Mr. Winklesnatch threw his head back and glared at the ceiling as if thinking, what did I ever do to deserve this? He squeezed his eyes tightly and took several deep breaths, but when he re-opened them the new girl was still there. “I haven’t assigned anything yet… I don’t even know your name.”

“Alabaster.”

Mr. Winklesnatch ran a finger down his class list. “Parphinian?”

“Do you have many other Alabasters in the class?” She tilted her head curiously to get a peek at the list.

Most of the others in the class giggled, but I was far too curious about Alabaster Parphinian to see the humor. Besides, I had to find something to keep me from getting bored now that my book was destroyed.

Alabaster’s skin matched her name, ivory white with no hint of color, not even on her cheeks. She wore what could be best described as exceedingly odd clothing for a normal school day. Even on Halloween, the mishmash of eras and styles would stand out strangely. From the ground up, she wore painted wooden clogs, black fishnet stockings with a tear in the left knee, a poodle skirt from the 1950s, and a ruffled shirt and waistcoat which looked like it came from hundreds of years ago. Perched on her curly black head of hair she wore an old leather aviator’s helmet with goggles. Her arms and legs were rail thin and her face looked like it had been made of putty and stretched vertically to match her build.

Mr. Winklesnatch tried his best to gather his wits. “Ahh… right… You’re the only Alabaster, of course. That still doesn’t explain why you’ve handed me a stack of homework on the first day of school.”

Alabaster furrowed her black eyebrows in apparent confusion. “Why to save both of us time later, of course. They’re all catalogued by date, and color-coded to subject. I’m sure you’ll find they’re all A pluses, so you could save yourself the effort and just give me my report card now.”

“Wha-but-I….” With superhuman willpower, Mr. Winklesnatch finally gathered his thoughts. “How do you even know what I’m going to assign?”

Alabaster laughed. “That’s easy. All your assignments for the past five years are on the school website, so I cross-indexed the change over time to your assignments with what I know of the upcoming year and your nature. I wrote some software to extrapolate the results, let it run overnight and… there you go.” She said it as though she were giving a child instructions on how to tie their shoes.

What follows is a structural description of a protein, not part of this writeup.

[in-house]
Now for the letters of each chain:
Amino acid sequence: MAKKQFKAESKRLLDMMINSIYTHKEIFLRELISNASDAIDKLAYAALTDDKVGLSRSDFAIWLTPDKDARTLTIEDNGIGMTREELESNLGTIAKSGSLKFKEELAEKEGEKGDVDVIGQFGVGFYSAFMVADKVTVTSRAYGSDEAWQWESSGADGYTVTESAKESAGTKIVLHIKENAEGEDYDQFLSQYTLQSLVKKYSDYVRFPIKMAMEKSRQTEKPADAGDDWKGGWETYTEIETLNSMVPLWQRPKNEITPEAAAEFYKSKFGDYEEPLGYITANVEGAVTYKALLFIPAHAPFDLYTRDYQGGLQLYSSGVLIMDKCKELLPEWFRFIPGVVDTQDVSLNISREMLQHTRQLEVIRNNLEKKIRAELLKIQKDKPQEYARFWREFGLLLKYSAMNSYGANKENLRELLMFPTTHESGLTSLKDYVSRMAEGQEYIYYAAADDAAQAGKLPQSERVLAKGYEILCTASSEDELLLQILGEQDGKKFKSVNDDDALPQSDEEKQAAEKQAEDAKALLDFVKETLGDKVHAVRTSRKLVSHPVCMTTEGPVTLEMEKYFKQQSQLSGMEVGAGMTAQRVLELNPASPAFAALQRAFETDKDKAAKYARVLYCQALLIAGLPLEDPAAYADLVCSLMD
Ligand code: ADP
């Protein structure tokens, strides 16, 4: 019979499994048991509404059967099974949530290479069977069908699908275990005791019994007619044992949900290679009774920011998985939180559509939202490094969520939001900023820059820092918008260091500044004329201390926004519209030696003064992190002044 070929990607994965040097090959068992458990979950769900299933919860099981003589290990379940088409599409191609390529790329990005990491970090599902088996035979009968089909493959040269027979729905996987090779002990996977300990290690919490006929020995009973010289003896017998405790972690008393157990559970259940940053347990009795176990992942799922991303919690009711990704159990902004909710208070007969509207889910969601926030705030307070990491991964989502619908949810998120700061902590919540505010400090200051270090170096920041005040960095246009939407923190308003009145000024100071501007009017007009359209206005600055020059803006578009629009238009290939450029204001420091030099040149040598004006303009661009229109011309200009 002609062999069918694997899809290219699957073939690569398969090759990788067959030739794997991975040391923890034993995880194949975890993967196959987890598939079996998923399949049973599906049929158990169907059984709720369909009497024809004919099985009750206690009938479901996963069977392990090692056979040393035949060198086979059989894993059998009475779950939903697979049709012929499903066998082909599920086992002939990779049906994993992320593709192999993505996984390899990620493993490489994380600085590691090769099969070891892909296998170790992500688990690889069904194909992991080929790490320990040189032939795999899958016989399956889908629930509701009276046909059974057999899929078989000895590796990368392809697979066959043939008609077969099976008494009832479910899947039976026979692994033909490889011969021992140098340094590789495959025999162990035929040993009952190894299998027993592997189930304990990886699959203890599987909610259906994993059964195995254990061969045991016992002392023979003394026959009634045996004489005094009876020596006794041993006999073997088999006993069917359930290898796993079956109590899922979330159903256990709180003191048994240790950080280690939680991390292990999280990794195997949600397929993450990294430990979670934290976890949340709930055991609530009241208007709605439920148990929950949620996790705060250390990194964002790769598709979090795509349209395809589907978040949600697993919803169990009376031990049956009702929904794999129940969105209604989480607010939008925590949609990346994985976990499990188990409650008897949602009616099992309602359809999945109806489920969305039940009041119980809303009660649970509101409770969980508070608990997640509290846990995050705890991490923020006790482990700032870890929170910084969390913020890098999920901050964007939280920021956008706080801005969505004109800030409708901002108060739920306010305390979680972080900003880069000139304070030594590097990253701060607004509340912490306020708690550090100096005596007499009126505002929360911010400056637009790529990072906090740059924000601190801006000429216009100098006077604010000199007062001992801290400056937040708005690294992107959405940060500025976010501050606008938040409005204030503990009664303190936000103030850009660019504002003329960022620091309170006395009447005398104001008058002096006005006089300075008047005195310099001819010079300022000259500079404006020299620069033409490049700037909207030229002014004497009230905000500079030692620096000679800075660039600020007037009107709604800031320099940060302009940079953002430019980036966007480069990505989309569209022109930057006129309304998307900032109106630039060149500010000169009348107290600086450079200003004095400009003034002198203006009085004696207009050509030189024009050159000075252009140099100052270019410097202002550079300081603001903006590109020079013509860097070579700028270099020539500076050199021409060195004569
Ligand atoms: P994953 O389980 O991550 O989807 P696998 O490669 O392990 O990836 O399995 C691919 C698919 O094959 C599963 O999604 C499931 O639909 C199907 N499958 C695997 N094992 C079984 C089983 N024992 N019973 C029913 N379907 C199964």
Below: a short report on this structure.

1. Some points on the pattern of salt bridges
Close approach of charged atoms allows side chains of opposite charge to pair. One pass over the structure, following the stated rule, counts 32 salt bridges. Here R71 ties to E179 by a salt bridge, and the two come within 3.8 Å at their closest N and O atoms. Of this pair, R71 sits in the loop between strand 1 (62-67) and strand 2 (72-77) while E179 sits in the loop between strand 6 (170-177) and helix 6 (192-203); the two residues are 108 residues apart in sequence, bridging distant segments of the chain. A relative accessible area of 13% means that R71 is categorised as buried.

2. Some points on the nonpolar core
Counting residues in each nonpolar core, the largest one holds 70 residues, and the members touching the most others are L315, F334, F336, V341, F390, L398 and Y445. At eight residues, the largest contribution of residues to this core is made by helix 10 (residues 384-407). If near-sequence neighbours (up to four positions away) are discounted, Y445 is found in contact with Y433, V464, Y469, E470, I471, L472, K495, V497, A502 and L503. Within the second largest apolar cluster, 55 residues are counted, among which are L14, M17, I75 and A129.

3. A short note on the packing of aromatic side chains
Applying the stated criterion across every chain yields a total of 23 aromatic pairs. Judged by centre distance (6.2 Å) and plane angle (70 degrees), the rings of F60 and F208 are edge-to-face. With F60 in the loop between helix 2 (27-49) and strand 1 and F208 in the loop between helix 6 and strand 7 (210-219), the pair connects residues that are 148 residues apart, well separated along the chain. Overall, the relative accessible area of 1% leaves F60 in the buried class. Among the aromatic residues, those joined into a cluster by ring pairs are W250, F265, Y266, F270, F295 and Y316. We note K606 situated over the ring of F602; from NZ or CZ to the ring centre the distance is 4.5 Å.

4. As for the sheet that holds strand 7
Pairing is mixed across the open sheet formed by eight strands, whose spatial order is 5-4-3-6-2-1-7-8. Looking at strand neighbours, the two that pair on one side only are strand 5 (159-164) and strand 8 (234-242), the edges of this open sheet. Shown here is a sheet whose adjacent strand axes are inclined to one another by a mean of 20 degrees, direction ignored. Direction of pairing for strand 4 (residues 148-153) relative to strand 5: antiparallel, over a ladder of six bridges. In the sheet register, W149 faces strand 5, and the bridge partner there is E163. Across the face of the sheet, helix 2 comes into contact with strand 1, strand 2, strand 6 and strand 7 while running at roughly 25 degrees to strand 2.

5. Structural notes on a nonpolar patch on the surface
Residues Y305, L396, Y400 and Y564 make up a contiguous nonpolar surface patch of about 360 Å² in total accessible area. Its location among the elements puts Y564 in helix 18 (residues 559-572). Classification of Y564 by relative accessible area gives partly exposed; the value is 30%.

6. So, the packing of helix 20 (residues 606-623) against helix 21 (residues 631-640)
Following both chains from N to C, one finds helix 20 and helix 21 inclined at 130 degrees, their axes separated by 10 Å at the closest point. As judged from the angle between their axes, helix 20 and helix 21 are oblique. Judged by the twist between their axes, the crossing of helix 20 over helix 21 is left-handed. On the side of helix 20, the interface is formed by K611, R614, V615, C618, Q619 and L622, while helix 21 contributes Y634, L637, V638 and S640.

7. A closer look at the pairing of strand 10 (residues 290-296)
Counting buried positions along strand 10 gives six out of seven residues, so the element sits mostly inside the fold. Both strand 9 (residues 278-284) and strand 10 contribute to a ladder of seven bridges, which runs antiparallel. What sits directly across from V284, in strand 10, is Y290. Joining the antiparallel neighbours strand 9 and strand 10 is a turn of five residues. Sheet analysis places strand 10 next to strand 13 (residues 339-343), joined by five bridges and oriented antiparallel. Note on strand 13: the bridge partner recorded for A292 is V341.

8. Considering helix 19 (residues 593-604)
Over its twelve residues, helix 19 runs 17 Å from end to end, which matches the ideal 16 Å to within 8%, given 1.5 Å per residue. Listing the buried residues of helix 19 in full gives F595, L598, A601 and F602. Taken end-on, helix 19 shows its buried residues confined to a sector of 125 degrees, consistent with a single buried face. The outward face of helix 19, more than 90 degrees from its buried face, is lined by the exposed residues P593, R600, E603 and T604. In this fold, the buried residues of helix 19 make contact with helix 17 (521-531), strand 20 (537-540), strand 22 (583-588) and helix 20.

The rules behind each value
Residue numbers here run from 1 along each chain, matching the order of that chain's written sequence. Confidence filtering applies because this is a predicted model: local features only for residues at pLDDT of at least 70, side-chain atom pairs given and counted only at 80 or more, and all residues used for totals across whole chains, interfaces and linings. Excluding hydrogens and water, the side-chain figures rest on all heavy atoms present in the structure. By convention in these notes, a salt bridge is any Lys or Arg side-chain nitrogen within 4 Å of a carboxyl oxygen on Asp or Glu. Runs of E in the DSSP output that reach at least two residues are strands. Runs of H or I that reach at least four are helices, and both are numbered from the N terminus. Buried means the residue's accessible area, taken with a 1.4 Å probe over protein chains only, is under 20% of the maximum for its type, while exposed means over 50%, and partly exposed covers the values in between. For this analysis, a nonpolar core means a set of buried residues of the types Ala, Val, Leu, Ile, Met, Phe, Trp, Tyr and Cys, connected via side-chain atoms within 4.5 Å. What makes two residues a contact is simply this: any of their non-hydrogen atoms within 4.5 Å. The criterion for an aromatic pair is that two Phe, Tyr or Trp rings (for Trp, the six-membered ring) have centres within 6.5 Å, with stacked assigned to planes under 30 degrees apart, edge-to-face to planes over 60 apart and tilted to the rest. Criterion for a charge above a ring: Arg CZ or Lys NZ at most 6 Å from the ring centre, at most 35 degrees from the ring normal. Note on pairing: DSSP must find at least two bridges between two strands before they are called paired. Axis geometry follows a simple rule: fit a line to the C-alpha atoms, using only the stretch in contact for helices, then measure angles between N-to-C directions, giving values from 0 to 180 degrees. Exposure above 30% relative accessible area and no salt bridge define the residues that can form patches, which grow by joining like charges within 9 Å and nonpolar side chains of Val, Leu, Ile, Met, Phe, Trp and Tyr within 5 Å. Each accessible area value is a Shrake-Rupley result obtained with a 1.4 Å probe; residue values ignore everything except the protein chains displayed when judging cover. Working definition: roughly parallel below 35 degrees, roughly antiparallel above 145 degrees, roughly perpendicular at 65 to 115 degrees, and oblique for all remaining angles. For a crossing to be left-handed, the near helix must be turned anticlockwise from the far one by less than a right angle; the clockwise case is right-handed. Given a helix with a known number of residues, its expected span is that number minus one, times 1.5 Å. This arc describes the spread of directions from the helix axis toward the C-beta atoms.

Mr. Winklesnatch leafed through the papers, with increasingly frantic movements as he got deeper into the pile. “How did… no… why… who….” He threw up his hands in exasperation. “Just take a seat.”

Aside from me, the whole class decided as one they wanted no part of the new girl. Every available seat was quickly filled with books, jackets, half-eaten apples, anything close at hand. Every available seat that is, except one, the one right next to me, in the front left corner of the class.

Alabaster pursed her tiny mouth in an attempted smile my direction and sat. “Alabaster Parphinian.” She held out a lace-gloved hand in my direction. I didn’t know whether I was supposed to kiss it or shake, so I settled on staring at her hand in shock.

“Are you mute?” She asked. “Perhaps deaf?” She quickly signed a series of symbols with her hands, but I had no idea what they meant.

“No….” I managed at last. “I’m Liam.”

“I’m not sure if I’ve heard of that condition. Is that what causes you to respond so slowly?”

“No… my name… Liam… my name is Liam.” I covered my mouth with a hand to shut myself up. Normally I have no problem with words, people often tell me I’m too talkative, but something about the new girl had thrown me completely off balance.

Alabaster tilted her head slightly. “What an odd manner of speaking you have, Liam.”

My skewered book fell from numb fingers. I wasn’t sure whether to be shocked or angry with her. “Did you just call me weird?” Not that she’d be wrong in that. I am different from the other kids in my class. I dance instead of playing sports and I read books instead of spending all day staring at my phone, but being called weird by her was an epic stretch considering she looked like she’d been puked out of a Time Lord’s closet.

“Enough talking, time to get to work.” Mr. Winklesnatch stood in front of the class.

Alabaster ignored him. “Are you weird? Weird enough to stand out, or just an outlier in your peer group? I need to find someone who can blend in.” She seemed anxious.
 “Alabaster, there’s no talking during class.” Mr. Winklesnatch tapped his toe impatiently.

“Shh.” She held up a finger to silence him. “I’m right in the middle of something with—”

“Unless you want a detention, young lady, I suggest you get with the program.”

Alabaster looked ready to argue, but I put a hand on her arm. “Catch me at lunch?”

“Catch you?”

“Yes. At lunch.” I glanced up nervously at Mr. Winklesnatch, but he seemed happy enough that I’d sorted Alabaster out without his intervention.
Logged
samcantcook
Sr. Member
****

Karma: 29
Offline Offline

Posts: 138



WWW
« Reply #8 on: March 29, 2017, 09:06:16 AM »

This new beginning really drew me in. You get a sense of the character quickly with the verb choice--pirouetted. Also you establish him as unusual (he's imagining himself dancing and everyone knows it!) and even daring (for placing himself in a traditionally predominately female setting, even if only in his imagination in the opening scene); I'm already rooting for him.

 Thumbs Up
Logged

COME CHECK OUT MY BLOG!
www.thecubemind.com/
Pages: [1]   Go Up
  Print  
 
Jump to:  

Powered by MySQL Powered by PHP Powered by SMF 1.1.2 | SMF © 2006-2007, Simple Machines LLC Valid XHTML 1.0! Valid CSS!